Brent testified that before Rhett died, he would see his grandchildren about every two weeks. He had a good relationship with Rhett and they were in business together. He and Rita would vacation with Rhett, Amy, and the children at least once a year. After Rhett died, they would see the children on Tuesday nights while Amy bowled. He had not heard from the children or seen them since the previous Halloween. Brent said that he and Rita only wanted their own time with their grandchildren, but Brent admitted that he wanted Amy to bring the children to his home and leave them there without Amy being present.

Rita Langman testified that T.L. had just turned three and P.L. was three months old when her son died. Before Rhett died, she saw T.L. two to three times a month; she and Brent babysat for T.L. and P.L. She had a very close relationship with T.L. They used to all vacation together. After Rhett died, their relationship with Amy became strained. She asked Amy once if there was a problem, and Amy told her that she and Brent would not do what she asked them to do when they babysat. Amy asked her to telephone her ahead of time if she wanted to visit the children. Rita said she then began to call first, but that she seldom got a phone call back. She wanted to see her grandchildren more often.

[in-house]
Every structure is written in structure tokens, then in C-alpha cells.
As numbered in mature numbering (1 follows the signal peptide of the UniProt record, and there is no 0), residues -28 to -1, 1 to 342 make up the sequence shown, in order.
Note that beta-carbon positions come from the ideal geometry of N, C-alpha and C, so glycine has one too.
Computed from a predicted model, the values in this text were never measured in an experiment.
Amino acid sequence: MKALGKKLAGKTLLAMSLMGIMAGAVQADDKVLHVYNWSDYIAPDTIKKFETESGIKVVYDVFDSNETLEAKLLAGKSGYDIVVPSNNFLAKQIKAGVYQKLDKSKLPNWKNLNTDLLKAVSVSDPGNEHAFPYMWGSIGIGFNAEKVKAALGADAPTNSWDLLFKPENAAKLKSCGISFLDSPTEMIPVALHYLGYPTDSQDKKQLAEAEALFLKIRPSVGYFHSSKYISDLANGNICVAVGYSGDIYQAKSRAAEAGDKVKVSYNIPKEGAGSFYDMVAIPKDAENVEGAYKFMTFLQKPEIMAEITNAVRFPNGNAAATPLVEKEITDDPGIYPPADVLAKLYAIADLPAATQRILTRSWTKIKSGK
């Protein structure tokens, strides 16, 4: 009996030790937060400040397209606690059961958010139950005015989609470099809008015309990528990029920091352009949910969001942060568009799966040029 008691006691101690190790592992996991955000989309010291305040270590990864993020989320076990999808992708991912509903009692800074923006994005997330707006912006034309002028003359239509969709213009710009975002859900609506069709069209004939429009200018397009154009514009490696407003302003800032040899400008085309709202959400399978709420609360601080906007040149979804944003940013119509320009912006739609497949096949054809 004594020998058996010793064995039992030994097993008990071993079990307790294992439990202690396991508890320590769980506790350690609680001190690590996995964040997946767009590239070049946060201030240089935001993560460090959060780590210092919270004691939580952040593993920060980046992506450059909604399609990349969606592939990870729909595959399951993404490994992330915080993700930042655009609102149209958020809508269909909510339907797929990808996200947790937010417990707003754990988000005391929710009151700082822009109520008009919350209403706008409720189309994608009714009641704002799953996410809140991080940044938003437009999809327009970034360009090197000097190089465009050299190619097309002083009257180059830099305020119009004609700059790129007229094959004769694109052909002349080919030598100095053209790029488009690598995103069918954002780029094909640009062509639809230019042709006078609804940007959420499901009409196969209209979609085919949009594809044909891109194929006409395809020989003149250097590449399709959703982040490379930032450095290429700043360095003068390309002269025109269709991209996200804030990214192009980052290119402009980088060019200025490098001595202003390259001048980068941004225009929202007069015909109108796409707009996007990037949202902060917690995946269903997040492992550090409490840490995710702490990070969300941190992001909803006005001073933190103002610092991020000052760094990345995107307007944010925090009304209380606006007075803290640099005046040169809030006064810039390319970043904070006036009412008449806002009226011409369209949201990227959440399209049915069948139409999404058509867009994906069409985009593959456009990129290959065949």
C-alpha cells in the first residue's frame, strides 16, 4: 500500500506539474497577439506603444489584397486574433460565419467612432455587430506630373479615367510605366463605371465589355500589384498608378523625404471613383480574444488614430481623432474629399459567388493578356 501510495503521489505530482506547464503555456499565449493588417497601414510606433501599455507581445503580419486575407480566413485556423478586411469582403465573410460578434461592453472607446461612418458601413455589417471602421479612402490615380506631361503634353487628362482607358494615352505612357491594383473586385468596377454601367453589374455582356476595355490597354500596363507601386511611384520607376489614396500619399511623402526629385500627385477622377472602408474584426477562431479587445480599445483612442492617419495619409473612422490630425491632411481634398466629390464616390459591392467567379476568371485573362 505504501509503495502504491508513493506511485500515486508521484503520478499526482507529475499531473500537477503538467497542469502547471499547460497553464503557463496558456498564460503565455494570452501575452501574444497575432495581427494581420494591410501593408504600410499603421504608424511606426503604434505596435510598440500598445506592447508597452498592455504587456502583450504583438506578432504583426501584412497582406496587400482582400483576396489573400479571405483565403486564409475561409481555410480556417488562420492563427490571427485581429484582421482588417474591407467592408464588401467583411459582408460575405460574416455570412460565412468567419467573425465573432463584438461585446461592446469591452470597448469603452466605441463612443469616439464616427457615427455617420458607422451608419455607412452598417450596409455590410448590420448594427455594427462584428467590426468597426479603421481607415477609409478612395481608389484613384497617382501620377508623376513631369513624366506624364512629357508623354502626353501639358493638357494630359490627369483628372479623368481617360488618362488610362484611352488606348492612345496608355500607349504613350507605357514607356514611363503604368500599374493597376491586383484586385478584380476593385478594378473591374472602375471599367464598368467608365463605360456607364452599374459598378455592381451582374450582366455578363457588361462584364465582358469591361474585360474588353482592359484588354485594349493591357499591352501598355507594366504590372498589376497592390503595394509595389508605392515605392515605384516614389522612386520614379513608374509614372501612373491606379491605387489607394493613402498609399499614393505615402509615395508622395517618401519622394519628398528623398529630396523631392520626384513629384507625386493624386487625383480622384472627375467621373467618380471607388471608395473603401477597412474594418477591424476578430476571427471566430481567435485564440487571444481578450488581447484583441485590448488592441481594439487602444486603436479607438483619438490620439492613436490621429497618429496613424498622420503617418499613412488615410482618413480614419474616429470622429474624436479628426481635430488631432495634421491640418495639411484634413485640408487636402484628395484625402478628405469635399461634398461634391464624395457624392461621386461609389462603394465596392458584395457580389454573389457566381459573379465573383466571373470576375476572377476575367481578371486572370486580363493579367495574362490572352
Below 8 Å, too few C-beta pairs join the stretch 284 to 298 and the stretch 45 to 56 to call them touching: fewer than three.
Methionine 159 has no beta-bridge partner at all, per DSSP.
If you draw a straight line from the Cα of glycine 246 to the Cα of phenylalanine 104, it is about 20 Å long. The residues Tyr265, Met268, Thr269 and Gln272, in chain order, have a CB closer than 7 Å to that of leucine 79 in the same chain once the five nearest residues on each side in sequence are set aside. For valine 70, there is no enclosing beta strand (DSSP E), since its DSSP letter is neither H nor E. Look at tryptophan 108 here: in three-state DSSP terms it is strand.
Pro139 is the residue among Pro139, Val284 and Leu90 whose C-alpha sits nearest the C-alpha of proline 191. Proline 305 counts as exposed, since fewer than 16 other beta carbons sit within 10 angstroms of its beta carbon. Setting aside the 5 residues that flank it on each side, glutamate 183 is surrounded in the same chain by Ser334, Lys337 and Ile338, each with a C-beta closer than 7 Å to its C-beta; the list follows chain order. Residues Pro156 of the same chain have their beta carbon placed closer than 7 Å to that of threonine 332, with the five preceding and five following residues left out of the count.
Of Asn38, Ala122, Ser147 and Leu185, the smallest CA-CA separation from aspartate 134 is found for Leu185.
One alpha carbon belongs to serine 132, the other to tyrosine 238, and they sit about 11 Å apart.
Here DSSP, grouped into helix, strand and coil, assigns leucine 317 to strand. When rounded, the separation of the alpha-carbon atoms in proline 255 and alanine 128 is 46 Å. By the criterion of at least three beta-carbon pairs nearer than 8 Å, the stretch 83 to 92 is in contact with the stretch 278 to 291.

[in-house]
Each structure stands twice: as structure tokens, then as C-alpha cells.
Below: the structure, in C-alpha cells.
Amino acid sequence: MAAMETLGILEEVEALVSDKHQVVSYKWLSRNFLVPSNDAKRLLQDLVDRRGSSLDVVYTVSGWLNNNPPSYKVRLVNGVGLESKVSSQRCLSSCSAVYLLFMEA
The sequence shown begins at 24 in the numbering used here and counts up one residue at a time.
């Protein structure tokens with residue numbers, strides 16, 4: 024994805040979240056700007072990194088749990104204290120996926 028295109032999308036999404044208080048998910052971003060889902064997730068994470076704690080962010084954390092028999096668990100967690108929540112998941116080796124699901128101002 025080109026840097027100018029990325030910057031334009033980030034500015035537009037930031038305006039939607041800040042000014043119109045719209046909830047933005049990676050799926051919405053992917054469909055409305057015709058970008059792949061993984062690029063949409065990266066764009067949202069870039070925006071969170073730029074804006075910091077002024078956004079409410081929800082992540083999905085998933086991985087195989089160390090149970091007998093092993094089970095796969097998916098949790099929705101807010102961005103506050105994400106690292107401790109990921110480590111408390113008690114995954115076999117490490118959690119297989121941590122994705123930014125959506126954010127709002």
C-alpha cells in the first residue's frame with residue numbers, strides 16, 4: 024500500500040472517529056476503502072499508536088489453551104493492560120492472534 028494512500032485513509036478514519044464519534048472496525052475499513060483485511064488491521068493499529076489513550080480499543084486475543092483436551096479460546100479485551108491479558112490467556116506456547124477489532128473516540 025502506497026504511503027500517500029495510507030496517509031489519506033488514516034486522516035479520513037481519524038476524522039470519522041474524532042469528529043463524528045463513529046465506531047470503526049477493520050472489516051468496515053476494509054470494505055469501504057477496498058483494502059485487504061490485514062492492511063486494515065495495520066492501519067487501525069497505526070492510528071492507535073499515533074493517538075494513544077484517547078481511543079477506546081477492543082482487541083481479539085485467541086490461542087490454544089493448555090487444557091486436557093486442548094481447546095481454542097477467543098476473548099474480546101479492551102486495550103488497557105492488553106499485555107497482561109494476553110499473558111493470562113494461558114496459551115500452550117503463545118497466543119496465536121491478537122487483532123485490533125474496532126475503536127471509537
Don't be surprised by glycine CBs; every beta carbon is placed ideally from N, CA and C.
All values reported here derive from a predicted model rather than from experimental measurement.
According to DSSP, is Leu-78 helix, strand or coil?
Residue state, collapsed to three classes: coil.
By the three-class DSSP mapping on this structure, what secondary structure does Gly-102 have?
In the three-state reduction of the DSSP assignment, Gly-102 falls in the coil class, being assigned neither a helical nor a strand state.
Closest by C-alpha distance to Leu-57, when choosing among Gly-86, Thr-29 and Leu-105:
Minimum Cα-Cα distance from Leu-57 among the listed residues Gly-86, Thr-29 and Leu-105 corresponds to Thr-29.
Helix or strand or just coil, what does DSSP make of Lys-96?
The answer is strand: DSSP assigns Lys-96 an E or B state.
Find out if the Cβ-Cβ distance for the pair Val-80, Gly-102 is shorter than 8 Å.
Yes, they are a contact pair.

On cross-examination, Rita said that Amy was doing a good job raising the children. She knew that Amy criticized her because of the "shower incident." Rita said that they had two bathtubs in their house, but T.L. wanted to shower, so Brent showered with him. This upset Amy.

Brent was recalled as a witness. He testified that he raised two children, Brent and Rhett. His son Brent visits the house once or twice a month. When he visits, he stays overnight with his friend, Ray Bonovini. Brent and Ray had been in the home when T.L. and P.L. visited, but they never stayed overnight on the same night. When questioned about showering with T.L., Brent admitted that he had showered with T.L. about six times. He said that Rhett let T.L. shower with him and that Amy never objected.

Amy testified on her own behalf that she had good reasons for not wanting the children to go to Rita and Brent's house unsupervised. She said that she told Rita that she did not want T.L. showering with Brent, but that it continued to happen. She was concerned that her brother-in-law was a homosexual. She said that Rita and Brent engage in "family feuds" with other family members and do not talk for months to those relatives. Amy did not want her children to be part of that environment.